Floods, droughts, derechos, and other environmental events pose risks to crop production across the US. Gro’s newly launched data source, the USDA’s Risk Management Agency (RMA) Cause of Loss report, gives detailed, district-level insight into where and why crops were damaged or lost as recorded by crop insurance adjusters.
RMA cause of loss data gives Gro users insight into:
- Indemnified crop acres due to specific environmental events that resulted in crop losses
- Total premiums paid for crops associated with specific environmental events
- Indemnities paid out to producers following events
- Government insurance liabilities associated with crop losses
This RMA data set updates weekly, providing Gro users a ground truthed look into crop conditions and losses that occur each month. The RMA data in Gro currently covers corn, soybeans, wheat, cotton, sugarcane, and sugar beets. More crops will be added in the future.
With this new data Gro users can incorporate climate events and data into actuarial analyses for major crops grown in the US.
For example, on August 10th, 2020, a derecho storm system formed in southeastern South Dakota and swept east across central Iowa and northern Illinois. Iowa took the brunt of the damage; 80-120 MPH winds ripped across the state, damaging about 1.27 million acres of corn and 94,000 acres of soybeans. Benton, Marshall, and Tama counties were hit hardest, with losses recorded for a combined 358,000 corn acres. Indemnities paid out to soybean and corn producers following the event amounted to some $321 million. The fallout can be seen clearly in the choropleth map shown in this Gro Display.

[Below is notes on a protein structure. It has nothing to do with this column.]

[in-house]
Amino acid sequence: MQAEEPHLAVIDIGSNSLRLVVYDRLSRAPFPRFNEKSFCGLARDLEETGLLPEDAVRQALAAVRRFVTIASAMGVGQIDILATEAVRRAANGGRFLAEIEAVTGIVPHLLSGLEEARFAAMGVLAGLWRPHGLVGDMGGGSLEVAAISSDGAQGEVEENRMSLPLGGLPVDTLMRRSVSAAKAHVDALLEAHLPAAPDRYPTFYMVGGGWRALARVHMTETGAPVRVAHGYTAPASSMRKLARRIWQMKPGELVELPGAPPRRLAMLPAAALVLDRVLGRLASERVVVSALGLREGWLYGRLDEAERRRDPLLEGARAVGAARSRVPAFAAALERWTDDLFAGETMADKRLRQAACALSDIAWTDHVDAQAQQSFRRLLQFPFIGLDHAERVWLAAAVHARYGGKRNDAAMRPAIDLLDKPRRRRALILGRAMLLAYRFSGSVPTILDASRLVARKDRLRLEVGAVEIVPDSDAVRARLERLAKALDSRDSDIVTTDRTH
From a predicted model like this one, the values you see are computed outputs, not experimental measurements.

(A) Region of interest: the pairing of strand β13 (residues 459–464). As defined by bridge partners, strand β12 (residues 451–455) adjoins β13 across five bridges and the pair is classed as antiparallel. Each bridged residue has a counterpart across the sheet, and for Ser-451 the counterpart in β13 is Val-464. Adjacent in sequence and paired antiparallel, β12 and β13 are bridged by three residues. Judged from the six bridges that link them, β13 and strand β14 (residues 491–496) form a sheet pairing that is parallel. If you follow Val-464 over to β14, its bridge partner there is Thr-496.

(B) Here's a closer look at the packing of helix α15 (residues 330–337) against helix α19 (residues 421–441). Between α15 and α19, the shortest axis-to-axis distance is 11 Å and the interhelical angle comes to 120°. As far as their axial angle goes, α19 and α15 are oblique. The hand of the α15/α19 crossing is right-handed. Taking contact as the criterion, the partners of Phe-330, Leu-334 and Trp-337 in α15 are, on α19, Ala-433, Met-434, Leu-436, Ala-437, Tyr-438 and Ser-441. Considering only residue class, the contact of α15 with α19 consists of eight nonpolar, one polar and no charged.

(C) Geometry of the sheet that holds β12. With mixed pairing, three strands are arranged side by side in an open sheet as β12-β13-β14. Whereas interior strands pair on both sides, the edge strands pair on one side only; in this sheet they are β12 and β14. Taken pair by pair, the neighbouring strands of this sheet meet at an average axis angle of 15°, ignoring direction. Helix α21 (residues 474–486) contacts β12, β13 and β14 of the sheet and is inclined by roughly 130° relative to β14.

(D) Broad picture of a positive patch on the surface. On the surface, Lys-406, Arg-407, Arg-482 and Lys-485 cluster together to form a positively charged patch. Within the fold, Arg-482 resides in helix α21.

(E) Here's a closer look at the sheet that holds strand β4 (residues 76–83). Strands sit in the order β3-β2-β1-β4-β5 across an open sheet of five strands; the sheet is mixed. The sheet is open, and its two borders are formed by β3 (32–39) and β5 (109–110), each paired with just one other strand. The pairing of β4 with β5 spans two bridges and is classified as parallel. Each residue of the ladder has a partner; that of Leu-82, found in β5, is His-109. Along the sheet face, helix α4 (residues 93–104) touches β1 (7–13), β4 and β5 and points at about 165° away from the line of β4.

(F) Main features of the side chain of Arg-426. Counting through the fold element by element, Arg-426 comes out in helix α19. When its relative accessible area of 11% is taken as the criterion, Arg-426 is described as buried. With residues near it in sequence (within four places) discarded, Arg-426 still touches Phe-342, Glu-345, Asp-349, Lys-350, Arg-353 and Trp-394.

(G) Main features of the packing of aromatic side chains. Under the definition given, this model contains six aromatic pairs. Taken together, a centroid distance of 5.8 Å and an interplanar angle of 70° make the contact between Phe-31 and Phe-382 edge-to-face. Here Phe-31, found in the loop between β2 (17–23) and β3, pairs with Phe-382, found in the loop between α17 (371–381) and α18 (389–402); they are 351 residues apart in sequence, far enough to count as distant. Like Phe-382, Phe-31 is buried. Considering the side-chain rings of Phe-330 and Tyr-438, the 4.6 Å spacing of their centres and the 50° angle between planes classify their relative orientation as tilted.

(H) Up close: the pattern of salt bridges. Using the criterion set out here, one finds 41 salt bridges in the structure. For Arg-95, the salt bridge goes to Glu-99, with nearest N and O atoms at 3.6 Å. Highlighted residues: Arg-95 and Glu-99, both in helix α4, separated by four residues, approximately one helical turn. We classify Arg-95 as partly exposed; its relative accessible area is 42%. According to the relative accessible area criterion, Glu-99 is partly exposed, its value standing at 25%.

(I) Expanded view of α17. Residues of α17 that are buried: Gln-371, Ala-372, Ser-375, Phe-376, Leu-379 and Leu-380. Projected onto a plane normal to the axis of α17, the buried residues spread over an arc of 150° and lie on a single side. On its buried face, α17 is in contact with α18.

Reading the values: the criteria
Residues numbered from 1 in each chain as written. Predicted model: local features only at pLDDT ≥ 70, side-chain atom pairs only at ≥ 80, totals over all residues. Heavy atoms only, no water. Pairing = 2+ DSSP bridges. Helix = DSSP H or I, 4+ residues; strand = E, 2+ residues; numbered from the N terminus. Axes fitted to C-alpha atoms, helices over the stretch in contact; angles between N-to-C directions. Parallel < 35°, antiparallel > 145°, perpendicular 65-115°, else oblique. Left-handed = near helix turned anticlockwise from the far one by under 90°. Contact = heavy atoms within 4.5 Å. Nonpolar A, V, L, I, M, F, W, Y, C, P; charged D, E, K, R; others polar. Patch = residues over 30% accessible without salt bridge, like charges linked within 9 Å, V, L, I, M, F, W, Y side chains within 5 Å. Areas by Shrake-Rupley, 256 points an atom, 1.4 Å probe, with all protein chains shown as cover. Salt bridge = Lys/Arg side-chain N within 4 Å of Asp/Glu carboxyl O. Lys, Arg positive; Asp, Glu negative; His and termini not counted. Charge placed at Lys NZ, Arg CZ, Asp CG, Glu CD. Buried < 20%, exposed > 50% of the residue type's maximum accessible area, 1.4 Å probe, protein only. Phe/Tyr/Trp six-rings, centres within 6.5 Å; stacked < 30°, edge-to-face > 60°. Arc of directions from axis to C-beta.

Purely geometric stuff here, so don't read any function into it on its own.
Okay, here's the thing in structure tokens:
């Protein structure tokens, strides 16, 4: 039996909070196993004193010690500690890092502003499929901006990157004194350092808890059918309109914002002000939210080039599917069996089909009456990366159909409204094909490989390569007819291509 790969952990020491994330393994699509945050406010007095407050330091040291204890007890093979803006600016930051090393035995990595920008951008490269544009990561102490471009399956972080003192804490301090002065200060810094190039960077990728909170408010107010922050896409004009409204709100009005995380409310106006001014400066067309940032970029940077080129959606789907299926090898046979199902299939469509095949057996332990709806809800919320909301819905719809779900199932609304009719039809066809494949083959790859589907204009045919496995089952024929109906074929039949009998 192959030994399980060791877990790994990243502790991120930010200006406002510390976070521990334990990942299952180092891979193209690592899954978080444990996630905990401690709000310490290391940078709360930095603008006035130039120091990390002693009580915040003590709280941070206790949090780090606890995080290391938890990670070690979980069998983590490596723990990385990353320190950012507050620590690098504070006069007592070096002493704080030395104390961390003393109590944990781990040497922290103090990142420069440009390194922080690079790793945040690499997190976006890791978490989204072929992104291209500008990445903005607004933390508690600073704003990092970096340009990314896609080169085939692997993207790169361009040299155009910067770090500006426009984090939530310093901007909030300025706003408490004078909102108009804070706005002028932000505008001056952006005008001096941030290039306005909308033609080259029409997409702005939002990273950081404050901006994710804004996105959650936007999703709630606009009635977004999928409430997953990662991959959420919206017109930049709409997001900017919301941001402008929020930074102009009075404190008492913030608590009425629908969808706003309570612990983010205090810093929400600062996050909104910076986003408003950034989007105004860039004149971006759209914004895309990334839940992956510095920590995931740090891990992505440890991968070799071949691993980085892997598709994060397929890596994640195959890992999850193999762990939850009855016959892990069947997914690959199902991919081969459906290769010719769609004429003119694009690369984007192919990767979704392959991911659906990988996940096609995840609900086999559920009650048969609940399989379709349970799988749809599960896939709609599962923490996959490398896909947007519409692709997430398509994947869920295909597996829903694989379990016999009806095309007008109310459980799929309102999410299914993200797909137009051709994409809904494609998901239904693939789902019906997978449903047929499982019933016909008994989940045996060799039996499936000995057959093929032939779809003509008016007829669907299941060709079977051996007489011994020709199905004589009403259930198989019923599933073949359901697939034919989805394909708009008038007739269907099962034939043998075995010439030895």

Gro Displays provide a wider view of current markets and productions, while still allowing users to act on the small details. Displays offer a series of easy-to-use, aggregated Displays, including one that gives a comprehensive view of production.
RMA data is a key input for the US Cotton Production Monitor, our new Display that provides a one-stop, district- and state-level view into cotton production in the US. Access Gro’s US Cotton Production Monitor here.
Monitoring the US cotton markets in-season aids tracking regional supply chains and forecasting for the US cotton outlook. With over half of the US’ cotton crop production, Texas leads US cotton production.
Using our US Cotton Production Monitor’s Display as a tool, enables you to track the condition of cotton crop progress throughout the season and anticipate possible weather and climate-related supply disruptions. The Display includes insight into:
- Sourcing risks - By using Gro’s Drought Index (GDI) or our precipitation-related data, manage sourcing risks for areas that may suffer yield declines or abandonment due to overly dry or excessively wet conditions
- Allows for district-specific lenses - Look at cotton production acreage at district and state levels to gain a better understanding of crop-weighted risk
- Indemnified acreage - Pair historical yield with area planted and area indemnified information to arrive at a clearer prediction of expected production from specific districts ahead of harvest
- Weekly crop progress - Identify critical crop conditions during the growing season as weather conditions, including rainfall, unfold in various regions
Additionally, everything from hurricane and tornado damage to insect and aflatoxin pressure on crops can be assessed using RMA data.
A new Gro analysis shows that our indices, such as the Gro Drought Index, and rainfall and soil-moisture analytics can serve as leading indicators of RMA insurance claims; typically, RMA insurance claims are not recorded until they are confirmed by crop insurance adjusters.
RMA data can also be used with USDA planted-area data and yield data to anticipate production for crops that Gro does not currently produce yield models for, such as cotton or sugar beets.
RMA data is now available on the Gro Portal and API.